In the 2008 elections, labor unions supported Democratic candidates in a big way - to the tune of $400 million, in fact. And few benefited more from union largesse than Barack Obama - the powerful Service Employees International Union (SEIU) alone contributed millions to Team Hope and gave of sweat and time as well. On Oct. 27, 2008, the SEIU bragged publicly:
"We have 3,000 SEIU members, staff and local leaders off the job and in the field working on the campaign. Nurses, janitors, child care providers and other workers are volunteering after work and on weekends to ensure Barack Obama, Joe Biden and pro-working family candidates win on Election Day."
Mr. Obama knew where his bread was buttered and to whom he would owe his presidency, promising on the campaign trail:
"We're ready to play offense for organized labor. It's time we had a president who didn't choke saying the word 'union.' A president who strengthens our unions by letting them do what they do best: organize our workers."
And President Obama has indeed gone to bat time and again for his union masters. He has championed "card check" legislation, which would curtail secret balloting in union elections - making it easier for labor to organize and intimidate.
But perhaps Mr. Obama's greatest flourish is how he has managed to repay his labor suzerains while simultaneously consummating the long-held liberal dream of national health care. For the recently passed health care bill is both a large step in the direction of universal health care anda conglomerate of sweet deals, actual and potential, short-term and long-, for organized labor.
First there was the agreement between administration and labor officials that the excise tax on high-end or "Cadillac" health plans would not extend to plans covered under union contracts until 2018 - giving labor another eight years to weasel out of the tax altogether. In the meantime, the exemption will save union employees an estimated $60 billion.
Then there is the provision tucked away in the health care bill under Section 10503, which establishes a Community Health Center Fund to be "administered through the Office of the Secretary of the Department of Health and Human Services" for the purposes of providing "an expanded and sustained national investment in community health centers."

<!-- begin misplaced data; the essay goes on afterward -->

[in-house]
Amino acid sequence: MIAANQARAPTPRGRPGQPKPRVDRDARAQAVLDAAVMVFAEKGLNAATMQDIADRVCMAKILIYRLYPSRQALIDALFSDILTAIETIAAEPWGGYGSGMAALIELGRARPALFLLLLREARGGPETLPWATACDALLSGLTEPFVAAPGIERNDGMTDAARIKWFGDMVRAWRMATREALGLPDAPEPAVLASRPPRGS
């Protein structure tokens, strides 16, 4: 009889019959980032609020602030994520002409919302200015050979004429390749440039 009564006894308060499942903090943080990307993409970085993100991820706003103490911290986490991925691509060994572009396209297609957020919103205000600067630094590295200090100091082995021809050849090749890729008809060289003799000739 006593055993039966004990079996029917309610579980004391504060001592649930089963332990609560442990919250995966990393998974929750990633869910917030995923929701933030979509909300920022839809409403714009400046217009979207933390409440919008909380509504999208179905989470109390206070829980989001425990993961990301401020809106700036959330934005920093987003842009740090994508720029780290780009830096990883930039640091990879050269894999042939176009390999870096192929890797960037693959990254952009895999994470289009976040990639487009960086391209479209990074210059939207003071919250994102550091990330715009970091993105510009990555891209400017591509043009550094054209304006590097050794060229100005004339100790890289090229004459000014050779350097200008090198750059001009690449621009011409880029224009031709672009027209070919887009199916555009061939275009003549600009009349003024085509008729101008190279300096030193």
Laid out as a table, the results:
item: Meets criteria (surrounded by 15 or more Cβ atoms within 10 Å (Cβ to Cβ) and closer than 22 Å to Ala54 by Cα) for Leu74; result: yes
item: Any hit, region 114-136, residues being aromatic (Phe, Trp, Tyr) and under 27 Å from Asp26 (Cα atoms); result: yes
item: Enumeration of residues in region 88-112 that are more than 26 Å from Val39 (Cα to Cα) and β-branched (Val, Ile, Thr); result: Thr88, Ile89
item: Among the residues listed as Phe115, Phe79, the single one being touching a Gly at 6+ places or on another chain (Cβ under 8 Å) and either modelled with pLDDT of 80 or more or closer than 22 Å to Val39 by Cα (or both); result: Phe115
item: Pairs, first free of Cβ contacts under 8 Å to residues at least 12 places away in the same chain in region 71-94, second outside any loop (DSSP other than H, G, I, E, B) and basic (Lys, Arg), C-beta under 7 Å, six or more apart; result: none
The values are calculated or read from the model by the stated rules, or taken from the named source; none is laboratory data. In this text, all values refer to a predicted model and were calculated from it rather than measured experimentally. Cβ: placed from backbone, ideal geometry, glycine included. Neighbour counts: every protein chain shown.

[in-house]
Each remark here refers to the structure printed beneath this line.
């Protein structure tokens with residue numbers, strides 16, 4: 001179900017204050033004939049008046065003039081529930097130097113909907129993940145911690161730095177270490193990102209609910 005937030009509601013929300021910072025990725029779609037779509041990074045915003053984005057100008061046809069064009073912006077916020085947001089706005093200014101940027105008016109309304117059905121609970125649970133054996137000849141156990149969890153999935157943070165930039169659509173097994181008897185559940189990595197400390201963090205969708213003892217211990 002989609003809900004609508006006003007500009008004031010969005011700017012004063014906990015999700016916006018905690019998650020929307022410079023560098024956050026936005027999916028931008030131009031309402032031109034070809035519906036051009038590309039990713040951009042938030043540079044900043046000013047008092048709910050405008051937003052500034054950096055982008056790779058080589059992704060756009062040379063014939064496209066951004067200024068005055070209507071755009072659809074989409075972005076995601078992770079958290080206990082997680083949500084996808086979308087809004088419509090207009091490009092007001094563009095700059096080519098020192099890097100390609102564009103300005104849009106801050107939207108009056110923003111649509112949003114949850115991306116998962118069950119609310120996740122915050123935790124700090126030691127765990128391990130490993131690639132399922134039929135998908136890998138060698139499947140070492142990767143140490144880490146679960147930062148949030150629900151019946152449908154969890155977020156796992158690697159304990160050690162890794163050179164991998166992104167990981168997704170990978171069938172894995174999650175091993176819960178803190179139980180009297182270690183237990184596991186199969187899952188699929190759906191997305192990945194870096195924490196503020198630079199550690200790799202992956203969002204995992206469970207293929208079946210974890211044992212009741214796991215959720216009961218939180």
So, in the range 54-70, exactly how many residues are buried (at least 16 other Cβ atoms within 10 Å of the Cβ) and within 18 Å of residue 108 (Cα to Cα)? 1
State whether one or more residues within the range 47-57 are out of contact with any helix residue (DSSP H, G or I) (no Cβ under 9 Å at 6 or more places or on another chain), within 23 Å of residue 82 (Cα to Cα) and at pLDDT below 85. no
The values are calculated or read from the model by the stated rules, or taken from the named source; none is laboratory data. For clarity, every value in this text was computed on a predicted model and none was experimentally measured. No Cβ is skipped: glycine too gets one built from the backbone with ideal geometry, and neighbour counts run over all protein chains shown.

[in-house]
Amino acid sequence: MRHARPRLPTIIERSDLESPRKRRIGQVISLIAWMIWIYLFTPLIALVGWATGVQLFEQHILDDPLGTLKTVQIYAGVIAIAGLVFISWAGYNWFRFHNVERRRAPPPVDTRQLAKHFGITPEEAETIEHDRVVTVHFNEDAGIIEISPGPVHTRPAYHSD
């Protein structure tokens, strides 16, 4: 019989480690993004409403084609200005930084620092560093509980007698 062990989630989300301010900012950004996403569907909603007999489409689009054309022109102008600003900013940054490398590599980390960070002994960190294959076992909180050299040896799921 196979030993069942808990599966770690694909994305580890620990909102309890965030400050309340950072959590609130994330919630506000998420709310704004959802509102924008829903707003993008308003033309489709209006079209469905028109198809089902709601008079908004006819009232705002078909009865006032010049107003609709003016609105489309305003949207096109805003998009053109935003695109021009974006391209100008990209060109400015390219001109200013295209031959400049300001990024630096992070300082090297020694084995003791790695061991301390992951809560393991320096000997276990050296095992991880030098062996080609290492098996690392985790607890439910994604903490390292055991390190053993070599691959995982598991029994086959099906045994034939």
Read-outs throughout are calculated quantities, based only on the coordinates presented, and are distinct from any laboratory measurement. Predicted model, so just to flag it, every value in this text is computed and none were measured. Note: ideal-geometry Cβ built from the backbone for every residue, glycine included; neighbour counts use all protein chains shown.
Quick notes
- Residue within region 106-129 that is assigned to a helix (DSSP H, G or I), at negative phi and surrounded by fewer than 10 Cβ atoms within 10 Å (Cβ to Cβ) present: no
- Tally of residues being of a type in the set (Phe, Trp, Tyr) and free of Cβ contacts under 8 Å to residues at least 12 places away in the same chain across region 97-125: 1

This Community Health Center Fund will transfer massive amounts of cash to the secretary of health and human services: For fiscal 2011 alone, $700 million will be appropriated for health centers under the Public Health Service Act and $290 million in funding for the National Health Service Corps. An additional $1.5 billion will be made available from 2011 to 2015 for "the construction and renovation of community health centers."
If the stimulus bill is any guide, this infusion of cash to the HHS secretary could prove a monumental slush fund for medical workers unions, one of the fastest-growing union sectors: According to American Medical News, a publication of the American Medical Association (AMA), while union membership in the United States has generally been declining for years, "the number of medical professionals who are members of collective bargaining organizations" has been rising over the past decade.
Many of these health worker unions are affiliated with the big-name labor groups that contributed so generously to Mr. Obama's presidential campaign. United Health Workers-West, for example, which bills itself as "the largest and most powerful health care union in the western United States," is an affiliate of Mr. Obama's old benefactor, the SEIU.
Then there is the Personal Care Attendants Workforce Advisory Panel, created in Section 3210 of the health bill, "for the purpose of examining and advising the Secretary and Congress on workforce issues related to personal care attendant workers, including ... the salaries, wages and benefits of such workers." And who will make up this panel? The bill helpfully tells us that the participation of "representatives of workforce and labor organizations" is mandatory. This is an ominous prescription for the forced unionization of health care workers.
Fulfilling his campaign promise, Mr. Obama is indeed on the "offense" for organized labor - putting worker choice, economic liberty and the American taxpayer on defense.
Terrence Scanlon is president of the Capital Research Center in Washington.
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